Wednesday, October 12, 2016

Company Confessions: Secrets, memoirs, And the C.I.A.

Joseph C. Goulden is a fine writer and book reviewer. I've interviewed the veteran journalist and author several times and I've kept up a steady correspondence with him over the years.

I've enjoyed his books, like The Death Merchant and Korea: The Untold Story of the War. I also enjoy his book reviews in the Washington Times, as he is knowledgeable and fair.

In his review of Christopher Moran's Company Confessions: Secrets, Memoirs, and the CIA, Mr. Goulden, an authority on intelligence matters, points out "silly errors" and a left-wing bias towards the CIA.,

And I had to laugh at his final line in the review, "Essentially a waste of time. Don't bother."

Pity, as the subject of the book sounds interesting.

Mr Goulden writes:

Say the words “Publications Review Board” within earshot of a retired CIA officer, and his reaction is likely to the same as if you goosed him with an electric cow prod: a harsh frown, and perhaps an explosive epithet. The PRB is the in-house office that has go/no-go authority over permission to publish anything the officer writes for public distribution, be it a letter to the editor or a memoir.
Such makes good sense: Intelligence is a trade one does not babble about on the village green, and those who enter it know the rules about secrecy. Veterans recognize the value of pre-publication review — in theory, at least — but by no means are they universally happy with the process.
Christopher Moran, a British writer, explores the history of publications review dating from the end of World War II, when veterans of the Office of Strategic Services, the CIA’s predecessor, flooded bookstores with memoirs and helped Hollywood produce a rash of movies that sensationalized the realities of intelligence beyond recognition.
The founding barons of the CIA, understandably, wished to be portrayed as something other than a gang of gun-slinging killers — and also to protect the sources and methods of tradecraft that should not be disclosed to adversaries. As Mr. Moran correctly observes, secrecy is “an essential element of successful operations.” The National Security Council laid down the rules in 1950: “Any publicity, factual or fictional, concerning intelligence is potentially detrimental to the effectiveness of an intelligence activity and the national security.”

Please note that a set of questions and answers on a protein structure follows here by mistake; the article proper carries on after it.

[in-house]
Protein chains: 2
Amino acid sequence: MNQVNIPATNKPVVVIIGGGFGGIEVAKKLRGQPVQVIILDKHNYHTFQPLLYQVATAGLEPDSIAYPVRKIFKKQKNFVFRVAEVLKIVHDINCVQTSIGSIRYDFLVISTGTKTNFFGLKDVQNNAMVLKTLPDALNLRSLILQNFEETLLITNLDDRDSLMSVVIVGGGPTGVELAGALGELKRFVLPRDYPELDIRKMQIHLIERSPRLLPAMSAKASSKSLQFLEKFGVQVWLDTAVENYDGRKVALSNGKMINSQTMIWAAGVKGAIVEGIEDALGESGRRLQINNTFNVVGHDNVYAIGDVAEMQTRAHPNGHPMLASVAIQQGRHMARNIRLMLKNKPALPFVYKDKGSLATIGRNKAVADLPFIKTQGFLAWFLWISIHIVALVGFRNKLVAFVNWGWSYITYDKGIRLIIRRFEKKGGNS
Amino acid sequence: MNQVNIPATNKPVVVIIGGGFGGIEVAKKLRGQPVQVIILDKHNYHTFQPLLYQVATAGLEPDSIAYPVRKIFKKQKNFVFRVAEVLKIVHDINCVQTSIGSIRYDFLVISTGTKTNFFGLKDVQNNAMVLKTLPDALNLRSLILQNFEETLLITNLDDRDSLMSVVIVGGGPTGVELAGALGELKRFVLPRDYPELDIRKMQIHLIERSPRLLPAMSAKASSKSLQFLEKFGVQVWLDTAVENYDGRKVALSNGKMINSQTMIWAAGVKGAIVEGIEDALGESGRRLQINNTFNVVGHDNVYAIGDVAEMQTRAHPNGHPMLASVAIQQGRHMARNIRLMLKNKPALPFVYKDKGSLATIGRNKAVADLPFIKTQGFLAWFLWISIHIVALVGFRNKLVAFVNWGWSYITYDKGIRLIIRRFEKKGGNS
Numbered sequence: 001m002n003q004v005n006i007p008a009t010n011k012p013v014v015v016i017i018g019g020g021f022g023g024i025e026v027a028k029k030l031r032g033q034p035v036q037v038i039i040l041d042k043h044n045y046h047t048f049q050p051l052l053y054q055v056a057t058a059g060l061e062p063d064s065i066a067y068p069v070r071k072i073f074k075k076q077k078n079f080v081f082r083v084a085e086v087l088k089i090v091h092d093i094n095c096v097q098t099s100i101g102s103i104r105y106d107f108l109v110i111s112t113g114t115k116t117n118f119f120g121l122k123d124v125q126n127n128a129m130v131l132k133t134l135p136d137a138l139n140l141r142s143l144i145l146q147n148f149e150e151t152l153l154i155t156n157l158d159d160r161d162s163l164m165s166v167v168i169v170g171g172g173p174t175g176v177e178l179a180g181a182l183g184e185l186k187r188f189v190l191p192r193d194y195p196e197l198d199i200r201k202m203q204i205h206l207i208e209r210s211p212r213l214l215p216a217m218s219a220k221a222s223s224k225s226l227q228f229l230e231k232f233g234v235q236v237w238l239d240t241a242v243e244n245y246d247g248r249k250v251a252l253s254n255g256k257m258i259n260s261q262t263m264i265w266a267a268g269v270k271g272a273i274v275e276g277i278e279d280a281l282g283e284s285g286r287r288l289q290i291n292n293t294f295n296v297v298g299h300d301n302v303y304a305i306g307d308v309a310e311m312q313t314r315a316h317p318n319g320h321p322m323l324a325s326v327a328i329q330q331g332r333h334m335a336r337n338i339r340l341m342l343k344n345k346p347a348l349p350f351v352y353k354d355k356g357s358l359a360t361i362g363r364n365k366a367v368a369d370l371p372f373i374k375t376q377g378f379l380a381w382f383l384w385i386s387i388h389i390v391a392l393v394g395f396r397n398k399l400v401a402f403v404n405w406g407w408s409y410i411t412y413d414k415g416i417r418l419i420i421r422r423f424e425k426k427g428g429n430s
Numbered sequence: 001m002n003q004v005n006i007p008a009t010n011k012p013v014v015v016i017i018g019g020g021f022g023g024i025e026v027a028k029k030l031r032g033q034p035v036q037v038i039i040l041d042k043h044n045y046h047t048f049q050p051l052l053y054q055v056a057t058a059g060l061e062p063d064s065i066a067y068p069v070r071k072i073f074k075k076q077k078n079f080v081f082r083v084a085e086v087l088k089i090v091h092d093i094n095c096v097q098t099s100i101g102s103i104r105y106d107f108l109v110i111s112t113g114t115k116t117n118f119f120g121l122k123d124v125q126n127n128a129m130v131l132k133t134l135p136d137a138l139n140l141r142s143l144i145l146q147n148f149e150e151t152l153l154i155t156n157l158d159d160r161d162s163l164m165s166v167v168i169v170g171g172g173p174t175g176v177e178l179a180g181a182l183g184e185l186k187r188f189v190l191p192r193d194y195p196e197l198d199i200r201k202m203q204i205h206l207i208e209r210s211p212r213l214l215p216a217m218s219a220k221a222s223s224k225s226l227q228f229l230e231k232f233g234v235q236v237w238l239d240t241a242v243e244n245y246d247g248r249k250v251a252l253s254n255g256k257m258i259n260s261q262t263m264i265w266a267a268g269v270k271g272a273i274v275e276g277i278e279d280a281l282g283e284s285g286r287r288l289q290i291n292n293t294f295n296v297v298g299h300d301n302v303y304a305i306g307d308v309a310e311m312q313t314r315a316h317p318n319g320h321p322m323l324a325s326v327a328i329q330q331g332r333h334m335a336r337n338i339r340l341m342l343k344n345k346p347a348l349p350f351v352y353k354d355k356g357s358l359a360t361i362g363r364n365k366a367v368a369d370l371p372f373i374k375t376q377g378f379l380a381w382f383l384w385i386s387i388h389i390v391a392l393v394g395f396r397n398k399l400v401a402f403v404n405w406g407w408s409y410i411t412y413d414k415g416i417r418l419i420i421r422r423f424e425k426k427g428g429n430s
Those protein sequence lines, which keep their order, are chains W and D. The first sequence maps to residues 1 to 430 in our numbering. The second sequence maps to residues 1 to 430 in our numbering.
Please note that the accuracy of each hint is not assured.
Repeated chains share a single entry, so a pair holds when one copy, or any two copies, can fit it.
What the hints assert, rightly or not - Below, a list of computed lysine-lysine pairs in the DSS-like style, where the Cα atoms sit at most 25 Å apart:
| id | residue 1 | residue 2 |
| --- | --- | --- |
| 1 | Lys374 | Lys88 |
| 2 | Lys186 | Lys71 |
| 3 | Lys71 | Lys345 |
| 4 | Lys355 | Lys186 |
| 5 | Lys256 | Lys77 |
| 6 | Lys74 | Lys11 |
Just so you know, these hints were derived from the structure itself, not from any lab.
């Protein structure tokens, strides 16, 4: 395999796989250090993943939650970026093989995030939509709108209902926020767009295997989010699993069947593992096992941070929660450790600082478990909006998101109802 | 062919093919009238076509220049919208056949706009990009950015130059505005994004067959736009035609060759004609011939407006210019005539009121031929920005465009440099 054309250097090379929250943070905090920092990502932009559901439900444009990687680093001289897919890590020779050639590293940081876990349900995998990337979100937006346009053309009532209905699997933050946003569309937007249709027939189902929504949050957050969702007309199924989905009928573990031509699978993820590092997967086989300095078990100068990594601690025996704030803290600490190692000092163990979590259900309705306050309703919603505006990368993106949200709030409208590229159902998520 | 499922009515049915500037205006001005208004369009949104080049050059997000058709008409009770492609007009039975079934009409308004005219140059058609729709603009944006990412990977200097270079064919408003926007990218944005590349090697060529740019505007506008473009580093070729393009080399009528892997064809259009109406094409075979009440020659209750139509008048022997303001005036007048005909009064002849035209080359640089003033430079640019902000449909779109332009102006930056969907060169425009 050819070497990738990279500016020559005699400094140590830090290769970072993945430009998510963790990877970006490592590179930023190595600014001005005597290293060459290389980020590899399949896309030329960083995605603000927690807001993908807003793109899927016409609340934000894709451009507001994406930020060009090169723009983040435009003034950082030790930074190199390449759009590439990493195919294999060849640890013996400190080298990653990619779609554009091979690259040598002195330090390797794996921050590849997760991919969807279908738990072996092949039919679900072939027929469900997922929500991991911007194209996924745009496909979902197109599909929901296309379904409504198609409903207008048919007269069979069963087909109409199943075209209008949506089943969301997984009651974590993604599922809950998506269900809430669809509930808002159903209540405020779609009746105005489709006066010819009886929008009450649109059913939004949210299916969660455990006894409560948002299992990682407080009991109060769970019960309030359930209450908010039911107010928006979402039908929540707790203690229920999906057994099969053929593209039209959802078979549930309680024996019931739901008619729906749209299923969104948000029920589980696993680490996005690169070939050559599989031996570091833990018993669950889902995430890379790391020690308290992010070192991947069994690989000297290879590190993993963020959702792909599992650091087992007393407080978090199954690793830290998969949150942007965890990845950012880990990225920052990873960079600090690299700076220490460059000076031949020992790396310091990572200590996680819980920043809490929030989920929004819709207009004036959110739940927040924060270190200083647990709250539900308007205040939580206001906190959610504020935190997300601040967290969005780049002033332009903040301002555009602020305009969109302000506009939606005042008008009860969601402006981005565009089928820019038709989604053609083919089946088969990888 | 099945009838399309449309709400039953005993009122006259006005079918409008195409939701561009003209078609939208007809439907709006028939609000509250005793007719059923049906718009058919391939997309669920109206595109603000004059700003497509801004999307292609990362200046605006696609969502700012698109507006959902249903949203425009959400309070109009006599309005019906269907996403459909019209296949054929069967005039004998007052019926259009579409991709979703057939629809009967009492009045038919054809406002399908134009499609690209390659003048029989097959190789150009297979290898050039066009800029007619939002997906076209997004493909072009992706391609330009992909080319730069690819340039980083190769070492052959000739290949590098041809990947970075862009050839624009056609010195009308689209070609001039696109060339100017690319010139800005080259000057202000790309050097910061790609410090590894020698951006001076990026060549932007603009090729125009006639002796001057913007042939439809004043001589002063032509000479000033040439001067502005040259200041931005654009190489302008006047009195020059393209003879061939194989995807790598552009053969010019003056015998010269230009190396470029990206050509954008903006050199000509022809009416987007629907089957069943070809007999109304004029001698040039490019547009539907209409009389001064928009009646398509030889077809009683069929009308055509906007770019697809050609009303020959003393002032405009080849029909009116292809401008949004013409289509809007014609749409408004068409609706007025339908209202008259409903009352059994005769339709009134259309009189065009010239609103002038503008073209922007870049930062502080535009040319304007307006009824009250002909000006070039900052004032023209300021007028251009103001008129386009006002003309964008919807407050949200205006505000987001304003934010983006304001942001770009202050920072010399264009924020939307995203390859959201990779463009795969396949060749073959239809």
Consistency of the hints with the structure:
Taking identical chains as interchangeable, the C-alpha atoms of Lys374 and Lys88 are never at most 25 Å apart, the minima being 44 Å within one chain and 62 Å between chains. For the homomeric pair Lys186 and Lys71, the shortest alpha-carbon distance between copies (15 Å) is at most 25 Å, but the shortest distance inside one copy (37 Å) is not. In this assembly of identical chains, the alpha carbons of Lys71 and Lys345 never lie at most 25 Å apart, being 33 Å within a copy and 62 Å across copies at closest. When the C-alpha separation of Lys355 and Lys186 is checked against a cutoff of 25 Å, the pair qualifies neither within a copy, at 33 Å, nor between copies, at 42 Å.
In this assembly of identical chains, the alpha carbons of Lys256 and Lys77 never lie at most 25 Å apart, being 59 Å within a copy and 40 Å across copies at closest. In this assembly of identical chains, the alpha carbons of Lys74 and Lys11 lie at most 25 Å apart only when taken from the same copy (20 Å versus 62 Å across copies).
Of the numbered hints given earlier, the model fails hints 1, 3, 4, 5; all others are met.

Hence the requirement that any person who enters the intelligence community, be it the CIA or elsewhere, is required to sign a secrecy agreement. Violators face prosecution.
You can read the rest of the review via the below link:
Note:  Read the review, skip the book. 


  1. Your posting reminds me of how conflicted I am about such books. I would rather secrets remains secrets. "Inside" looks at intelligence operations and apparatus are -- in my mind -- big mistakes. For example, I could not ever imagine writing then or now about life in NAVSECGRU as a CT? Would you write about your intel experiences? I think such "tell all" exercises are ill-advised. Leave it to the fiction writers, like Le Carre and others, and keep the intel folks silent. Of course, I could be wrong. You tell me.

  2. R.T.,

    Its a case-by-case thing, in my view.

    Intelligence operations are part of history, and although I am dead against releasing secrets in book form or online, governments have a way of over-classifying and keeping things classified far longer than need be.

    Sometimes it is to cover-up errors, and sometimes it is out of undue caution.

    For example, the Brits are only now releasing WWII secrets. Historians and readers have the right to view documents if and when they no longer need protecting.

    And yes, I would - and have - written about some of my security/intel experiences.

    But as I was entrusted for more than 37 years to protect Navy/DoD secrets, I made damn sure the information was no longer classified.